In July 2013 Mark, along with 6,300 other hopefuls, registered for the WSOP. His historic victory from 2006 all but forgotten, Newhouse was regarded as an unknown quantity at the tables. At least, that is until he maneuvered his way to the November Nine.
Newhouse entered the 2013 WSOP Final Table last in chips, and despite doubling up early, would fall to eventual winner Ryan Riess’s shortly after.
But with the more than $733k he won for his finish, Mark was able to pay off his remaining debts, finally putting the remnants of his reckless past to bed.
And now, after what started out as a rather dismal WSOP in which he failed to cash a single event before the Main, Newhouse finds himself back on poker’s biggest stage as a return member of the November Nine.
How Newhouse’s accomplishment stacks up
When I think of the greatest WSOP Main Event heroics, five accomplishments come to mind:
- Doyle Brunson winning back-to-back titles in 1976 and 1977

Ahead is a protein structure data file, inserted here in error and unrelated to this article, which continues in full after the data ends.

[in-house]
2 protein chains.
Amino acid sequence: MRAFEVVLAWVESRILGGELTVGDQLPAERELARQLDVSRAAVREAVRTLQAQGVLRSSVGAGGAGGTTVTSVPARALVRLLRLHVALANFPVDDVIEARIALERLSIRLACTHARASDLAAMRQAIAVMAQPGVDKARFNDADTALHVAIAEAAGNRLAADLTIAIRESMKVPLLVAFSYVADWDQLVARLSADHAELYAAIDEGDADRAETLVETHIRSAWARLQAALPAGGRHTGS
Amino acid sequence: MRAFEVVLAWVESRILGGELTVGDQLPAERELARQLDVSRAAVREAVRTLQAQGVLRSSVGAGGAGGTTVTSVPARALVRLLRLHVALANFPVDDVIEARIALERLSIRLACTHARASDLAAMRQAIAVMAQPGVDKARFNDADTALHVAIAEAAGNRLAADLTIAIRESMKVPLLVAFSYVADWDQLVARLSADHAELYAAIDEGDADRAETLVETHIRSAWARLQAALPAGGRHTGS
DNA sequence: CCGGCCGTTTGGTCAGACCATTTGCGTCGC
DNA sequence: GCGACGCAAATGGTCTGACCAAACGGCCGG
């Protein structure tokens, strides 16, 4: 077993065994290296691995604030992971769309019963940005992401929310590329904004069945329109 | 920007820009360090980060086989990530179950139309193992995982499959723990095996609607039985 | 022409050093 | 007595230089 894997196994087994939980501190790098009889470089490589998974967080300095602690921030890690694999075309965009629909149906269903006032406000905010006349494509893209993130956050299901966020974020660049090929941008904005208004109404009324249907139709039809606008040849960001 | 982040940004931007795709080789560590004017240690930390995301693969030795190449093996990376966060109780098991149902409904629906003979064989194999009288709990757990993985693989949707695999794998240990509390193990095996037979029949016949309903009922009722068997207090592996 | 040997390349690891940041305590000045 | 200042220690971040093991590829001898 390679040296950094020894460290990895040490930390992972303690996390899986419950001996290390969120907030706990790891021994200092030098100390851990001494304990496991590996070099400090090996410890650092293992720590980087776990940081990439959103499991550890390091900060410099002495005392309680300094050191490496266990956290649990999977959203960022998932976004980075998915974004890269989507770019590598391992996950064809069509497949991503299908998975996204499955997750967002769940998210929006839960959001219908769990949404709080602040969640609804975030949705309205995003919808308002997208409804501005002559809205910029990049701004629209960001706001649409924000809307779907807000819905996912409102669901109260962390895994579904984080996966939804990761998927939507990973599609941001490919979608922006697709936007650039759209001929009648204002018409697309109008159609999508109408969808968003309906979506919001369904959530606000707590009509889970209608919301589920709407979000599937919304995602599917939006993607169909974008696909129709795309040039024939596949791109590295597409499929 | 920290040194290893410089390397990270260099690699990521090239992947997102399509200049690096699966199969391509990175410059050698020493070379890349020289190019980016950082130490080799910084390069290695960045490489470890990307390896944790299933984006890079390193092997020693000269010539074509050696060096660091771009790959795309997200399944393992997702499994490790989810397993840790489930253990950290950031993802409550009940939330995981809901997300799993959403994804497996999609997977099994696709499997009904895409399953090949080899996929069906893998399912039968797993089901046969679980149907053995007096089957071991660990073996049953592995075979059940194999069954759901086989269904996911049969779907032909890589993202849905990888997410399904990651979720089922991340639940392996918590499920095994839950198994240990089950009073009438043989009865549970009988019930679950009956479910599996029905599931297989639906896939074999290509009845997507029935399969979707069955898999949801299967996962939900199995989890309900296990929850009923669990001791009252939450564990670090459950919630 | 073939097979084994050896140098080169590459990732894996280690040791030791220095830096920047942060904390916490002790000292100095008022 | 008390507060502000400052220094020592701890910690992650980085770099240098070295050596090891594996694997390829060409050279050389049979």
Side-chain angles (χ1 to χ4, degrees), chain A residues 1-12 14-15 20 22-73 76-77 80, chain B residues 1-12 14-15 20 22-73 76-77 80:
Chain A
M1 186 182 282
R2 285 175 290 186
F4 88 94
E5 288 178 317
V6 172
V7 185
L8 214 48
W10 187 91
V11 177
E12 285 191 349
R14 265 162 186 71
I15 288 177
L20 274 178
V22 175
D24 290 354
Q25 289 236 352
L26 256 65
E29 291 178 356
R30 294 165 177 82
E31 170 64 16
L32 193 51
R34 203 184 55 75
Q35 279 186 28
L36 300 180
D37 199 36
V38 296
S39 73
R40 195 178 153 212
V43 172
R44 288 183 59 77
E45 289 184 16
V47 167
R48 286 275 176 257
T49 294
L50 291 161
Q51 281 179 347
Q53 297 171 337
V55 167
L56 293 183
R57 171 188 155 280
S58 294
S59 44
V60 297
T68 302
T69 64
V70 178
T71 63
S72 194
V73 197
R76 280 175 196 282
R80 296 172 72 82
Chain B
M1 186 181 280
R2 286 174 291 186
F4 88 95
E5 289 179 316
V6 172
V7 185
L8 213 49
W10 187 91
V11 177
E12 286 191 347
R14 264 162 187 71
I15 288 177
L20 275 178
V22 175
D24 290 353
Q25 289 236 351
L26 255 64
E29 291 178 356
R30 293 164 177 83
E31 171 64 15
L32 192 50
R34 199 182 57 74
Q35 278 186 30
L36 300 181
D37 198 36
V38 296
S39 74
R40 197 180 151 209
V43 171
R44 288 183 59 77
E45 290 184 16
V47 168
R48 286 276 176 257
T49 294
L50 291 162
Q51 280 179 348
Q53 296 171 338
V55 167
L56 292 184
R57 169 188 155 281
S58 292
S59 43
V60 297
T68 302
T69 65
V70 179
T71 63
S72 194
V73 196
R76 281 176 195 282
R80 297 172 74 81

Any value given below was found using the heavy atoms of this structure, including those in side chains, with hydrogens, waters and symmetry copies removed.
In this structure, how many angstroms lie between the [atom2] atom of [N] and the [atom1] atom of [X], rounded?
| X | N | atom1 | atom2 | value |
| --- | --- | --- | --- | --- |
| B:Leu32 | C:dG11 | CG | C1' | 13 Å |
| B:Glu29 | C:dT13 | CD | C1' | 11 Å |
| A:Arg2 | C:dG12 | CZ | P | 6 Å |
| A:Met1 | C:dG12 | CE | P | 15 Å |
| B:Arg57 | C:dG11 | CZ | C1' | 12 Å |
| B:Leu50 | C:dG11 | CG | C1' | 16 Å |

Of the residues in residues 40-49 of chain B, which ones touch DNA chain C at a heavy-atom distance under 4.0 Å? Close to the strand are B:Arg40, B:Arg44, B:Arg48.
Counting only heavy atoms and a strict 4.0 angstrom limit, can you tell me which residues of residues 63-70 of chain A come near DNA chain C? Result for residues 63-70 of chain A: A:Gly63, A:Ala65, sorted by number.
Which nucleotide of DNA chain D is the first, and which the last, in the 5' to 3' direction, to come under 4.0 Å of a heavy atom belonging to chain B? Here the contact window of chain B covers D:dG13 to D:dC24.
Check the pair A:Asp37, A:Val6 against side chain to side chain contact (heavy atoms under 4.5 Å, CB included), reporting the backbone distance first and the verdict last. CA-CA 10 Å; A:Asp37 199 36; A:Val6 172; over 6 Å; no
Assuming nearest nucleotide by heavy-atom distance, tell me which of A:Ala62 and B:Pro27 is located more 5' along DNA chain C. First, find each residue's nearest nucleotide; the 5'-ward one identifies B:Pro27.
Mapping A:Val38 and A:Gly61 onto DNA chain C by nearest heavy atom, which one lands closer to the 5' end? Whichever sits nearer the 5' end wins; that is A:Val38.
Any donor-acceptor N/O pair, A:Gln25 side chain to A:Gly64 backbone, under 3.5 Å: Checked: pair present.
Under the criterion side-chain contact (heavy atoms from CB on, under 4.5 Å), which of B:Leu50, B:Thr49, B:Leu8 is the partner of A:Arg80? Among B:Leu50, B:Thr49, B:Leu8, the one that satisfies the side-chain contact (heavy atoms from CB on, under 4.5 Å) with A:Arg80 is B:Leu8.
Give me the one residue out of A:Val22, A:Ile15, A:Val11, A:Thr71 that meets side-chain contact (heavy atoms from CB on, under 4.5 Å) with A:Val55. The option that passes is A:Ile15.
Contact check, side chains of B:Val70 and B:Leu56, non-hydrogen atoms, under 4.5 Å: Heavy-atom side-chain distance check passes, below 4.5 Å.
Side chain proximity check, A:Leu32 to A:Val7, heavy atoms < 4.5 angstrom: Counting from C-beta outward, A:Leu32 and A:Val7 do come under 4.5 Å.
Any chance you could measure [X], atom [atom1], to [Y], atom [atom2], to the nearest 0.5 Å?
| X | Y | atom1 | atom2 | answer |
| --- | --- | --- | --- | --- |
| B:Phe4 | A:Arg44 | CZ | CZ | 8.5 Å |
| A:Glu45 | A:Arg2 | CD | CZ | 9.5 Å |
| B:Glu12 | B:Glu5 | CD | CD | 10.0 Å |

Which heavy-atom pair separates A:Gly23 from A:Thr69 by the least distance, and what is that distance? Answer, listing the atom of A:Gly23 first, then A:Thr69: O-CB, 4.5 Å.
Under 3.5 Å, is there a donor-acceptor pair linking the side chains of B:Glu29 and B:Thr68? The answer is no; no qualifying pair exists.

- Johhny Chan doing the same in 1987 and 1988, and finishing runner-up to Phil Hellmuth in 1989
- Stu Unger winning the title in 1980 and 1981, and then coming back after years of cocaine addiction to win a third title in 1997
- “Action” Dan Harrington winning the title in 1995 and making back-to-back final table appearances in 2003 and 2004, finishing third and fourth, respectively.
- Greg Raymer winning the title in 2004 and then finishing 25th out of 5,619 entrants in 2005.
That’s quite the list. But even if Newhouse only repeats his ninth place finish this November, his feat arguably trumps all of them – for exactly two reasons:
- Modern WSOP Main Event fields are gigantic, typically eclipsing 6,000 players.
- Today’s players are far more skilled.
Doyle Brunson, arguably the best No Limit player of the past generation, defeated fields of 22 and 34 en route to the title. Stu Unger – fields of 73, 75 and 312.
Chan had a bit of a tougher road, ousting 151 others in 1987 and 166 in 1988. And certainly his near win in 1989, where he outlasted 176 runners, cannot be discounted.
Harrington’s feat is even more notable, if only because it occurred during the infancy of the poker boom. Still, “Action” Dan only traversed a field of 839 in 2003, although there’s no denying how impressive his fourth place finish (out of a field of 2,576) was in 2004.